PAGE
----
I have lived my entire life in Upstate New York and it still amazes me how much of a mystery the region is to those who live outside the state. The best way to understand who will vote in the Republican Primary on April 19 is to get out a map of the Empire State and look at it. You will no doubt see that most of the state geographically is Upstate, with New York City’s five boroughs tucked in the southeast corner. Then there is Long Island to the east and the “suburbs” to the north of the City. In a typical New York GOP Presidential primary only about 15% of the total vote will come from New York City, and a pretty decent chunk of that will be from New York City’s only Republican pocket – Staten Island – plus parts of Brooklyn and Queens. Another 30% or so will come from New York’s suburbs: Long Island’s Nassau and Suffolk counties, as well as the northern suburbs of Westchester, Rockland, Orange, Duchess, Putnam, Ulster, and Sullivan counties.
There are 49 counties in Upstate New York and while tabloid headlines do reach the news agenda here, most people up here read the New York Post from back to front (i.e. the sports section) and you can hardly find a Daily News on the floor of a men’s room.
So when Ted Cruz has a poorly attended event in The Bronx, it is because someone on his staff did not realize that there very few Republicans in that borough in the first place. And when Cruz attacks New York’s “values”, he doesn’t realize that that has the same impact on New Yorkers in faraway Ogdensburg (on the Canadian border) or in Chautauqua County (over 400 miles from Manhattan) as it does on gay Iranians in London who say they will fight for their country if it is attacked by the West. We New Yorkers are a polyglot but we are one.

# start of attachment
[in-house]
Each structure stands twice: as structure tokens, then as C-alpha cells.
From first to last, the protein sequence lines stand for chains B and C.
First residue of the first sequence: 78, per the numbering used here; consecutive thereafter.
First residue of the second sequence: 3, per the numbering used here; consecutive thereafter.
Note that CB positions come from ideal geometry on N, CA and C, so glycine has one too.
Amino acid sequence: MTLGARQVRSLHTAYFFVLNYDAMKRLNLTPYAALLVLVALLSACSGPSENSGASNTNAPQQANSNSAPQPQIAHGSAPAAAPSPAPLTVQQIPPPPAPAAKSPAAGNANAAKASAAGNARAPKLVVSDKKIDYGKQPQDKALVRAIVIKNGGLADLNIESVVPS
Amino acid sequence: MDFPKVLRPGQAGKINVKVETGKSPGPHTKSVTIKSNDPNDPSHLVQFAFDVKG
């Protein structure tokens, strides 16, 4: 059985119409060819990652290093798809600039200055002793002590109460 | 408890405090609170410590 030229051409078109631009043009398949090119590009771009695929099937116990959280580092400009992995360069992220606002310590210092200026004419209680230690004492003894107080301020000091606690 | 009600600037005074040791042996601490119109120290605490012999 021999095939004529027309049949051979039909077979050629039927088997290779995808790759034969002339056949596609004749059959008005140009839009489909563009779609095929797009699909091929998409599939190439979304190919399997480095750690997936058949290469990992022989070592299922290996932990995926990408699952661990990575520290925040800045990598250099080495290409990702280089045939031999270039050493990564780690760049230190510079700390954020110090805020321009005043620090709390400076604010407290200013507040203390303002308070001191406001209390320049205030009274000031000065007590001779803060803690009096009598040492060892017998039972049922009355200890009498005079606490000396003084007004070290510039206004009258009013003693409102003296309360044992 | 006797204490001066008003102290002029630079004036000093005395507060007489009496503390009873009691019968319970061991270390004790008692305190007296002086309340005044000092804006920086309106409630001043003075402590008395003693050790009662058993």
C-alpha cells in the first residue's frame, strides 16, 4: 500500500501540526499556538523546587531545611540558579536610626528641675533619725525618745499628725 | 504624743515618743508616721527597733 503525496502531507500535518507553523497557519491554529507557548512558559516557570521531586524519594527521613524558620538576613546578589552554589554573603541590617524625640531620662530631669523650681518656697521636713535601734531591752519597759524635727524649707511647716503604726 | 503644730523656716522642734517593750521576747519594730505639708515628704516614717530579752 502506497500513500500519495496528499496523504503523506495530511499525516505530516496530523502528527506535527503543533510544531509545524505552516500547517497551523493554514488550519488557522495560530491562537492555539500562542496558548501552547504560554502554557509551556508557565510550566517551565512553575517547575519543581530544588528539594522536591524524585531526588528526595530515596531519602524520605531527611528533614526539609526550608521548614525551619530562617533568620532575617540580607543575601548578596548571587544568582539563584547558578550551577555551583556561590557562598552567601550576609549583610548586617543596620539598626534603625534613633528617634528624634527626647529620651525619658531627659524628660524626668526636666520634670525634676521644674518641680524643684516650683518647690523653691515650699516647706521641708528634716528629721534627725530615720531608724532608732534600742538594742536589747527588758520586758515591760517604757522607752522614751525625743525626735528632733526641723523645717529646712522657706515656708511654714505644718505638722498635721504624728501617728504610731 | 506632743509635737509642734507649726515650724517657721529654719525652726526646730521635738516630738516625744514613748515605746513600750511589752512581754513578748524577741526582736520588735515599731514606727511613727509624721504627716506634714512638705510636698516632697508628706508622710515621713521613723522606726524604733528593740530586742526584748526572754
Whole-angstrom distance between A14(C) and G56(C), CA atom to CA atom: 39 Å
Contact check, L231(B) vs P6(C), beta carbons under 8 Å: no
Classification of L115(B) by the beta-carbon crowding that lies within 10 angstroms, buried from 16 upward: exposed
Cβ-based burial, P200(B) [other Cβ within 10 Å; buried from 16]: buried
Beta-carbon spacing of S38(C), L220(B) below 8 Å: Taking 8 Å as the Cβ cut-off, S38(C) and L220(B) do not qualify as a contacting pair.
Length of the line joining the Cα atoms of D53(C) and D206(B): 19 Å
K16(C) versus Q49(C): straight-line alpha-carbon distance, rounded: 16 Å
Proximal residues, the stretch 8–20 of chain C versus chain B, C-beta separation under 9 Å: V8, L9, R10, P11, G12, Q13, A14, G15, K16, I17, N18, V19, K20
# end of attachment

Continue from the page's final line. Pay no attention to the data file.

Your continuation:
With that said we have begun to see what a New York Republican campaign is all about. Donald Trump is known to all, of course, but he has to be here. Upstate New Yorkers resent it when candidates are not present or take them for granted. He is in the process of holding huge events in Buffalo and Rochester, Utica then on to Binghamton and Albany and Troy – and then on to the GOP pockets that matter. John Kasich scheduled an event at my alma mater LeMoyne College in Syracuse. The original venue could hold 300 people and had to be moved to one that could accommodate 600. Just before the Friday event, an announcement came from the school that the Kasich town meeting would be moved to an athletic center that can seat over 2,500 people. Folks wanted to meet the candidate, a moderate conservative.
Which is another good point. Upstate New Yorkers are generally more conservative than residents of the City – but the region is not a conservative one. To be sure, you can see lawn signs in the rural areas opposing Governor Andrew Cuomo’s legislation that bans assault weapons and mandates markings on ammunition manufactured in the state, but polls over the years reveal that Upstate New Yorkers in general tip in favor of choice on abortion, gun control, and gay marriage. The prototypical New York Republican is not Barry Goldwater or William F. Buckley but rather Jacob Javits, Nelson Rockefeller, and George Pataki. The state was represented in the US Senate for six years by conservative James Buckley, William’s brother, but he was fortunate to have been elected in a three-way race against two liberals, winning with only 39% of the vote. Then he lost re-election in 1976 to Daniel Patrick Moynihan.
This is simply not Ted Cruz country. You will not see in New York anything like what happened in Wisconsin. The state party is not rallying around Mr. Cruz. And polls thus far are showing him running a distant third. Native son Donald Trump has a huge lead and will likely win, but the real issue is whether or not he will win with a large enough margin to get his campaign back on a solid footing. The real wild card here is Mr. Kasich. He will need a strong second place finish, a respectable chunk of delegates, and enough support to show that he can really block Mr. Trump’s path to the nomination. He will also need a strong enough showing to springboard him to strong finishes in Pennsylvania (where he was born), Connecticut (he has done well in New England), New Jersey, and California.